Around the World on Solar Lift

French company Euro Airship plans to begin building its Solar Airship One in 2024, with an unrefueled circumnavigation planned for 2026.

The rigid airship will be powered during the day by the energy collected via solar film covering its top half. [Credit: Euro Airship]

Around the world in 20 days—or 30—by solar- and hydrogen-powered airship? It’s a fantastic project—and not a fantastical one—that lies ahead of the Euro Airship team as it pursues the development and launch of the Solar Airship One. The French company intends to build and launch the innovative design in its quest toward a zero-emissions future.

The path to get there? By creating a rigid airship—that’s one in which a “double” envelope holds a cushion of air all around to maintain consistent pressure, and it’s encased by panels as opposed to being a flexible bag of gas. Supporting the primary envelope there is a rigid aluminum structure and inside of that are 15 helium envelopes. These independent envelopes are managed via software, taking into account changes driven by variables such as the weather.

Solar Airship One will be powered by green alternatives to fossil fuels. The airship proposed would normally have a range of 1,000 kilometers (540 nm), but by layering the top half of the envelope with solar film from which to draw energy by day—and packing hydrogen fuel cells to deliver juice to the airship’s motors at night—the pilots plan a nonstop, unrefueled circumnavigate about the equator.

The team behind Euro Airship knows it’s an audacious goal, but the whole point of exploration is to dare such leaps in capability and application of technology.

Timely Eco Targets

EuroAirship’s project to build the Solar Airship One ticks off several timely and compelling targets. “The goal is to educate, to catalyze the young generation, for us it is very important because of the climate change, because of the natural disasters coming,” said Euro Airship crew and French aerobatic pilot Dorine Bourneton in an interview with FLYING in June at the Paris Air Show, along with Marie-Christine Bilbow, CEO of Euro Airship, and Jean-Claude Thonier, director of communications for Euro Airship. “That we need to have a new mobility—a green mobility.” Mobility is a touchpoint for Bourneton, who became the first paraplegic aerobatic pilot following an aircraft accident in which she was seriously injured.

Euro Airship has also engaged the logistics team that managed the round-the-world balloon flight of Bertrand Piccard. Former space shuttle astronaut and French Air Force pilot Michel Tognini will serve along with Piccard and Bourneton, as the trio of pilots required to be crew for the equatorial circumnavigation. The planned flight will cover 40,000 kilometers (21,598 nm) and take 20 to 30 days—and fly at an average altitude of 6,000 meters (19,685 feet).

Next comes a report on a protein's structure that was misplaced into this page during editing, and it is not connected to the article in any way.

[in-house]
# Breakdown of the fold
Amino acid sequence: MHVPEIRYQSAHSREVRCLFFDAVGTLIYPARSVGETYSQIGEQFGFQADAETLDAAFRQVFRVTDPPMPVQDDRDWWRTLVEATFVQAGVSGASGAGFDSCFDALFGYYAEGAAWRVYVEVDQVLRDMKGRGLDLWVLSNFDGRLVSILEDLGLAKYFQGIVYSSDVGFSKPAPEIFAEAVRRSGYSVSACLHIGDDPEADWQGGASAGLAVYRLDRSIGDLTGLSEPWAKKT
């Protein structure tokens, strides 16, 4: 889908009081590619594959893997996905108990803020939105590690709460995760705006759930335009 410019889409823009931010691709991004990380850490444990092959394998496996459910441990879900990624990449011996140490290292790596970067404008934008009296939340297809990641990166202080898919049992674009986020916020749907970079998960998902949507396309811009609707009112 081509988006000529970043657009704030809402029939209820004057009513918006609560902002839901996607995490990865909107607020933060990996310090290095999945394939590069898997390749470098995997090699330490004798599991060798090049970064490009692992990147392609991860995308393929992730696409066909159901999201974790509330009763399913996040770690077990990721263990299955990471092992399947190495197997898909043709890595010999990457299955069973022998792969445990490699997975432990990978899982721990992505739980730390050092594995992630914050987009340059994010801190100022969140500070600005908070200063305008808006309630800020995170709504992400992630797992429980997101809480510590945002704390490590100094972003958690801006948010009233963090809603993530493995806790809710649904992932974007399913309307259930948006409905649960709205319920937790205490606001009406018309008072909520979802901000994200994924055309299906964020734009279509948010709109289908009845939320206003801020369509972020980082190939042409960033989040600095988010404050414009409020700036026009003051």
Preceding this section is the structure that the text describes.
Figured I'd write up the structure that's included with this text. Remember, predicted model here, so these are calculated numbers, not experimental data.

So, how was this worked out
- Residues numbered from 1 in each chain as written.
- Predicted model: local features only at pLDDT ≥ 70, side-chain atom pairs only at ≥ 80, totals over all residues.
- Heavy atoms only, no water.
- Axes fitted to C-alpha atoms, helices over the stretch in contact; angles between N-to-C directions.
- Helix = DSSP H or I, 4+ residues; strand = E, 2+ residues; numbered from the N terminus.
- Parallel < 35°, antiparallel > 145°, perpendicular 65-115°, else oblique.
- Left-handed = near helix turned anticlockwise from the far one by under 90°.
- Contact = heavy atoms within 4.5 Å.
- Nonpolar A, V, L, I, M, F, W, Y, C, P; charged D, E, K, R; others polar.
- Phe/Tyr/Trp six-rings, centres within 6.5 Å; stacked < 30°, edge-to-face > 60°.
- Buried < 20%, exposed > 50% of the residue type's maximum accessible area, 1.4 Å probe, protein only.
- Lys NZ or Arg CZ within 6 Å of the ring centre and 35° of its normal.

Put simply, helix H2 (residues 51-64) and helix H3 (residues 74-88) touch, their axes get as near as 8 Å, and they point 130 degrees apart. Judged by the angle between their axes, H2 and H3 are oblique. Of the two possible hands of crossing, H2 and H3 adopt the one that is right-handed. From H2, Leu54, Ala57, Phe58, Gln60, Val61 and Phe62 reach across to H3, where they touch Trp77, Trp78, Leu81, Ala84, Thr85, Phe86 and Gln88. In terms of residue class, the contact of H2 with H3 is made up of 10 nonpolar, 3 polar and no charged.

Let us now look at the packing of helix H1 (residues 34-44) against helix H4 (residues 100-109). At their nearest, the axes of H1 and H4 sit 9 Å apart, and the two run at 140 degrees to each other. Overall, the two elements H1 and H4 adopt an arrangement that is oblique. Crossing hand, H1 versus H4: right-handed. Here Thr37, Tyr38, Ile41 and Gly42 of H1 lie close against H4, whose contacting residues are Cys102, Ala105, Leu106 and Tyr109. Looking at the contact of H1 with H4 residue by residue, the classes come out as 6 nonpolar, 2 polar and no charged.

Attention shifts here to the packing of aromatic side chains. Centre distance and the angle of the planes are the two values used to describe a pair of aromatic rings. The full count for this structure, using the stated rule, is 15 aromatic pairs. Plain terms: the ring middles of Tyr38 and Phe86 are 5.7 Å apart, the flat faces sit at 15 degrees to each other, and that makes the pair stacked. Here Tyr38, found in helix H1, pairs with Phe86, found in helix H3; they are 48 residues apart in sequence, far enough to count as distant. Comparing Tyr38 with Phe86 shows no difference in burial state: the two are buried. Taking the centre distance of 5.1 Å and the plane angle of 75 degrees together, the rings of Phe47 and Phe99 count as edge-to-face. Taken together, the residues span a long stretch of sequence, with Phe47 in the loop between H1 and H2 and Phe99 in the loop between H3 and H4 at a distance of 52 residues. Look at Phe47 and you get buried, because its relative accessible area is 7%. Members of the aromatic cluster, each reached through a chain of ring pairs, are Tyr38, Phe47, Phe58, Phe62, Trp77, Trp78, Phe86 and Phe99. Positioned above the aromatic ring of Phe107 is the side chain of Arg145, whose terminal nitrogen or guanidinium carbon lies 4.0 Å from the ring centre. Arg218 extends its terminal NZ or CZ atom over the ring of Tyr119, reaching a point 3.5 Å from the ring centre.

Through the end of the year, the team will focus on completion of the preproduction planning and obtaining of sponsorships that it has been at work on for three years. In 2024, Euro Airship begins construction of Solar Airship One, and in 2025, the final assembly. Then, in 2026, the team hopes to have its permit to fly, departing on the round-the-world tour once granted its initial experimental certification.

Following the tour, Euro Airship intends to go after full type certification based on the technology proven on the mission. “The good thing is that we’re not doing this world tour flight just for an exhibition or for an adventure…there is [an] additional process after that for our technology,” said Bourneton, which she said is destined to support a carbon-neutral future. “We’ve been working for the last 20 years in R&D, and we self-financed [it]. Since July 2020, we signed a partnership with Capgemini, and they are helping to develop the industrialization phase.” That includes engineering, manufacturing, and the digital twin that will be used in production. Euro Airship is also working with Safran, mainly on the electric motors for the airship.

And the market it intends to pursue? First, the ecotourism space, followed by surveillance—primarily for militaries. “We can be at 6,000 meters, and we can use it without a crew, and stay up for [a long time],” said Bourneton. Because the energy is renewed each 24 hours the airship can remain aloft perpetually.

The third market Euro Airship will go after is logistics because the airship is projected to be capable of carrying very heavy payloads. While this has some military application, the company also sees  it providing support in the event of natural disasters. The airship can also help access places where transportation infrastructure—like roads—is scant.

Regardless of the mission in which the airship is used, the adventure that will kick it all off is certain to be worth watching.

Based in Maryland, Julie is an editor, aviation educator, and author. She holds an airline transport pilot certificate with Douglas DC-3 and CE510 (Citation Mustang) type ratings. She's a CFI/CFII since 1993, specializing in advanced aircraft and flight instructor development. Follow Julie on Twitter @julieinthesky.

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